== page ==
This painting doesn’t exist anymore, only in this digital image shown above. Well, here and under several more layers of paint of a completely different painting that now lives on the canvas that it once occupied.
It was a piece that I spent several days on in the studio a few years back. I had an idea of how I wanted it to look in my mind and as the days passed, it just kept moving further and further away from how I thought it should look. I worked feverishly at it, pulling out every trick I could think of in order to make it have some sort of sense of rightness, something that would make it acceptable to my mind.
More and more frustrated, I got to the point that I could barely look at this piece. The colors were wrong, not what I was sensing. The surface didn’t seem right to me. And I couldn’t see its rhythm at all. It just felt wrong on so many levels to me. Finally, at one particular moment on my fourth day of toiling to make it right, it reached what I felt was total failure.
It had beaten me down and I stepped away from it. I knew the only brush I would put to it again would be one charged with black paint that would obscure the sight of this damned thing.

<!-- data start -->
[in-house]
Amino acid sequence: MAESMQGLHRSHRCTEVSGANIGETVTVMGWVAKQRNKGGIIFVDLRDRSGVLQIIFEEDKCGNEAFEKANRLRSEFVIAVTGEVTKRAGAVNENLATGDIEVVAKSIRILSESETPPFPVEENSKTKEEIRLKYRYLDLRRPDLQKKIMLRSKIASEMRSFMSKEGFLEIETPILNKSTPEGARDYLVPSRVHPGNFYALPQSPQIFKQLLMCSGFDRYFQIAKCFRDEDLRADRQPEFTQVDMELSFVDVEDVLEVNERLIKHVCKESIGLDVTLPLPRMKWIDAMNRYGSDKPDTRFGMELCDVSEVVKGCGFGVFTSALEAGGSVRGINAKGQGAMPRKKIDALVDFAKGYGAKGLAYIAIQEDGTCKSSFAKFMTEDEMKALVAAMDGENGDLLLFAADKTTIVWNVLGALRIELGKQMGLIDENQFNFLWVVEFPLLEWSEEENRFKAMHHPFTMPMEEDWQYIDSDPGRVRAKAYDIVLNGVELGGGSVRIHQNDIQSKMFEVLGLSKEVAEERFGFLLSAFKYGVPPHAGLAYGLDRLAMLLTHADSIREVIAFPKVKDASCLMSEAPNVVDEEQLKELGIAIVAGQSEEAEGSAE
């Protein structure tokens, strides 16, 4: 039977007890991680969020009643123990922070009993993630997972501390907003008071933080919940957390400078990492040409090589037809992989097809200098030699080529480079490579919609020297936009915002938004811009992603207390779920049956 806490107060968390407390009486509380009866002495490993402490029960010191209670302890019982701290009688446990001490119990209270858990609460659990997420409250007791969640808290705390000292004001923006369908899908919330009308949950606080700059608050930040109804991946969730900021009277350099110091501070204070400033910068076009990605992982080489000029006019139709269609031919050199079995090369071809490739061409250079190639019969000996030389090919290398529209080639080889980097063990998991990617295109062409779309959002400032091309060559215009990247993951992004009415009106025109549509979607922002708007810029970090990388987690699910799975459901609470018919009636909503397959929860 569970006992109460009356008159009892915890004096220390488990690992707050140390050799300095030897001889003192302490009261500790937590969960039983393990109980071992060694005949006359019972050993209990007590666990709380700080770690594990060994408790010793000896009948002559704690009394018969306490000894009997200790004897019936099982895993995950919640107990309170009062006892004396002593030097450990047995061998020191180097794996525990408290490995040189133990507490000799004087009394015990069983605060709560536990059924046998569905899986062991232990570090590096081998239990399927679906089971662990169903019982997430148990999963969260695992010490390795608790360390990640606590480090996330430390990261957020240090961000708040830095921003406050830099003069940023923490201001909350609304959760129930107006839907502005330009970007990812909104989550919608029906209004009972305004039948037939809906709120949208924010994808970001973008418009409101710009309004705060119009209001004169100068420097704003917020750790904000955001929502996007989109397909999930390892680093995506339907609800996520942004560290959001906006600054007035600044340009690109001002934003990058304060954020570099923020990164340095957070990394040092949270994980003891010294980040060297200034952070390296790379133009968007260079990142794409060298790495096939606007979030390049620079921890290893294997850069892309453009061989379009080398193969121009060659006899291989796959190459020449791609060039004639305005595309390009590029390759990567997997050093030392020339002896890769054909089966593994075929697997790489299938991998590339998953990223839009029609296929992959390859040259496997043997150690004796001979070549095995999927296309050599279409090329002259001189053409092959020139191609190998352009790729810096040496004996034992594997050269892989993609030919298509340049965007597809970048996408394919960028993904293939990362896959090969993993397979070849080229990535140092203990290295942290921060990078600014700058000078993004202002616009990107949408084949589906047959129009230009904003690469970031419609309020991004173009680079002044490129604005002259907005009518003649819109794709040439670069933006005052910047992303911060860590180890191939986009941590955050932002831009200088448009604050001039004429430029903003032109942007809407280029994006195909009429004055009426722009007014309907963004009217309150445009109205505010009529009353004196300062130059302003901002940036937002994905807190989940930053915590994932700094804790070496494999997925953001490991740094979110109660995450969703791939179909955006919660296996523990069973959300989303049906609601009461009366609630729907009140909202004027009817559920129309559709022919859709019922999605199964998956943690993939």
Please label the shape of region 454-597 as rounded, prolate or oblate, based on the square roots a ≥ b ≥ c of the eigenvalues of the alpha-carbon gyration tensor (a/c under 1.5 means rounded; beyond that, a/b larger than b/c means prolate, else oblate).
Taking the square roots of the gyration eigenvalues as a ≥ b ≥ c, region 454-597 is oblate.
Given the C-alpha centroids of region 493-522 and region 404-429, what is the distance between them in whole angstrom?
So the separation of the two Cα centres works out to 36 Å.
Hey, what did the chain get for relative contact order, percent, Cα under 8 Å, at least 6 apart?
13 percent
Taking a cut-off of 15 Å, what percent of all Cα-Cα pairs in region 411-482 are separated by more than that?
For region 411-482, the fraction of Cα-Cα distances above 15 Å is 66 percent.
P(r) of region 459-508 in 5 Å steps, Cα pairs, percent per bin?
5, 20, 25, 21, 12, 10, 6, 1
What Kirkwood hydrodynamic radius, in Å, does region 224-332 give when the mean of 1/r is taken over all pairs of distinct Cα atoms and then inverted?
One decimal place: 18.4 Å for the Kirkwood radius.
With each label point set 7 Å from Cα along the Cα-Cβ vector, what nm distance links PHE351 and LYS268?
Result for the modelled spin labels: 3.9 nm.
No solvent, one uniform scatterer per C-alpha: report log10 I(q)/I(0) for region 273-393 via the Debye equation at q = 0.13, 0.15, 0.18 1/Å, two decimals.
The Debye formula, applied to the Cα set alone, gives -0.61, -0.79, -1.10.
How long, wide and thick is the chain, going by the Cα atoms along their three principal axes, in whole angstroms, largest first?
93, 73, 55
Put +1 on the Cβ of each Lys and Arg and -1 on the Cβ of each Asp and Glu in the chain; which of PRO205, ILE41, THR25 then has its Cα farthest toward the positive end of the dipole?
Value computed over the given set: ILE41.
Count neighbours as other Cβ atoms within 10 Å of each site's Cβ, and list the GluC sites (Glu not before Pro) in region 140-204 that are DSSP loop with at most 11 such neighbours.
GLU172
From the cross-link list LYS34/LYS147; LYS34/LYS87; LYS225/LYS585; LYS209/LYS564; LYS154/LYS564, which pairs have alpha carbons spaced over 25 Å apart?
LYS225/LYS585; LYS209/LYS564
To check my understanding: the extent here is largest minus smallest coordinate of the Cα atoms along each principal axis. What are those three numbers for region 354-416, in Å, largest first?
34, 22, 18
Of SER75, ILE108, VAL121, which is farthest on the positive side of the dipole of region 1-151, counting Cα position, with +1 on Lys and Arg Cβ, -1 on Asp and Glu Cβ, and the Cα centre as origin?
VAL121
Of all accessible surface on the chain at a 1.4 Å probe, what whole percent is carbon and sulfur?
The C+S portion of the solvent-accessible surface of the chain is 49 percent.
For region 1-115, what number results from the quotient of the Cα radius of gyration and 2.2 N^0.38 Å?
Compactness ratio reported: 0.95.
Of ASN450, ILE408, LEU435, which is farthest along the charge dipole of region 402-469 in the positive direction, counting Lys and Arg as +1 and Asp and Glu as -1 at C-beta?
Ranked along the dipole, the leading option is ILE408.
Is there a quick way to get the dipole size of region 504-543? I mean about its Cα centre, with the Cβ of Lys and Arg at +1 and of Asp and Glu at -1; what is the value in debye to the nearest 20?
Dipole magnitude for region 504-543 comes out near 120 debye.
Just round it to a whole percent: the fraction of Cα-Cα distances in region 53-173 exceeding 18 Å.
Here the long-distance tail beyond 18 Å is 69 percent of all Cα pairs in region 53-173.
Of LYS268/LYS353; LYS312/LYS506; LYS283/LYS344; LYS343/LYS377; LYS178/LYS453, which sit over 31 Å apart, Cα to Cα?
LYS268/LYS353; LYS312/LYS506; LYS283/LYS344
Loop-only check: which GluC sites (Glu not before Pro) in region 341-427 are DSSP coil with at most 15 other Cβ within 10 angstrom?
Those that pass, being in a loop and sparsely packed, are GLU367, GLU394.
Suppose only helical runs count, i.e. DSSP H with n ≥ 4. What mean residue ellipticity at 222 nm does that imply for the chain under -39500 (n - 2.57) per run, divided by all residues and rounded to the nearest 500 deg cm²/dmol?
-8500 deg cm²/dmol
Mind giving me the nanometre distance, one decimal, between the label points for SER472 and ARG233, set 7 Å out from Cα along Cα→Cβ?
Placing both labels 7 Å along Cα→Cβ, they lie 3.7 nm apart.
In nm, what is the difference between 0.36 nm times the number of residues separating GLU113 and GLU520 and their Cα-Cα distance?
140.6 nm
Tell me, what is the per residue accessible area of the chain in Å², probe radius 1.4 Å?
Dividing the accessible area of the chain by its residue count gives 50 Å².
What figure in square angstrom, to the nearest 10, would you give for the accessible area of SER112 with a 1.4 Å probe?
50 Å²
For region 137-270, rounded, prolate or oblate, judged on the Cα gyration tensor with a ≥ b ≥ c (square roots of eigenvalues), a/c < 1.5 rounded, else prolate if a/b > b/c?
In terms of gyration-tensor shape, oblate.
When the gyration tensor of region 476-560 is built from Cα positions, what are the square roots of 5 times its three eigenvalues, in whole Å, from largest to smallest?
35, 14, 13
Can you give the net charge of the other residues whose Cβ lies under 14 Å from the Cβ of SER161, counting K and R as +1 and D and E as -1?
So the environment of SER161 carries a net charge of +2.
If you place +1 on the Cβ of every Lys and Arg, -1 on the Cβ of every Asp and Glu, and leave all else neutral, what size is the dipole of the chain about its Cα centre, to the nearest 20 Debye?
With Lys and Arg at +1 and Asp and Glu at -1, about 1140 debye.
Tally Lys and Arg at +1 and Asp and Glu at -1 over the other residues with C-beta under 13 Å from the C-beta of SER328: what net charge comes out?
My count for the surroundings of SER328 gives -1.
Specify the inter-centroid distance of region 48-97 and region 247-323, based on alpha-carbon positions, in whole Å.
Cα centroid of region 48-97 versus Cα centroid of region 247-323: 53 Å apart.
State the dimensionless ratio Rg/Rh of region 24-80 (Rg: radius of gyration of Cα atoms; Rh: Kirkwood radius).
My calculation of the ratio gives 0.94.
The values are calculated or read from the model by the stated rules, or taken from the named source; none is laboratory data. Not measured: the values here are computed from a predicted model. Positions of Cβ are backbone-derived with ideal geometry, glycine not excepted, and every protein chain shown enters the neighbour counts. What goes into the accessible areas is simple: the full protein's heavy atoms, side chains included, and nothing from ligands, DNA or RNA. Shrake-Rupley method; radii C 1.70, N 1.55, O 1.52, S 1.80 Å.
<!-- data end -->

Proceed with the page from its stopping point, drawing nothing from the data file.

I have written about failure here before– in fact, I will replay one of my favorite posts tomorrow on just that subject– and have failed at many things in my time here on this planet so I am familiar with the feeling. But this one really bugged me. Looking at it in the studio seemed like a form of punishment, one that mocked me. I couldn’t wait to get rid of it and within several days had blacked out the image. A few days later there was another painting in its place, one that had that sense of rightness and life that I’d hoped for in this piece.
I still dislike this painting for not being the thing that I needed it to be at the time. But over the years I have come to find a bit of affection for it whenever I stumble across it in my files. It actually comes across pretty well on the screen, much better than it did in person–kind of the reverse of how my work normally fares.
Do I regret covering it up? I don’t know. It definitely felt right in the moment and has remained so the time since. But, when I can put aside what I thought this painting should truly be, part of me likes this digital image just a bit. A goofy little bit. At least I don’t hate it in the same way nor does it feel like the abject failure that it did when I was working on it. So I am glad I at least captured the image minutes before I covered it up.
Since it doesn’t exist, I think I will call this image Never Was Land.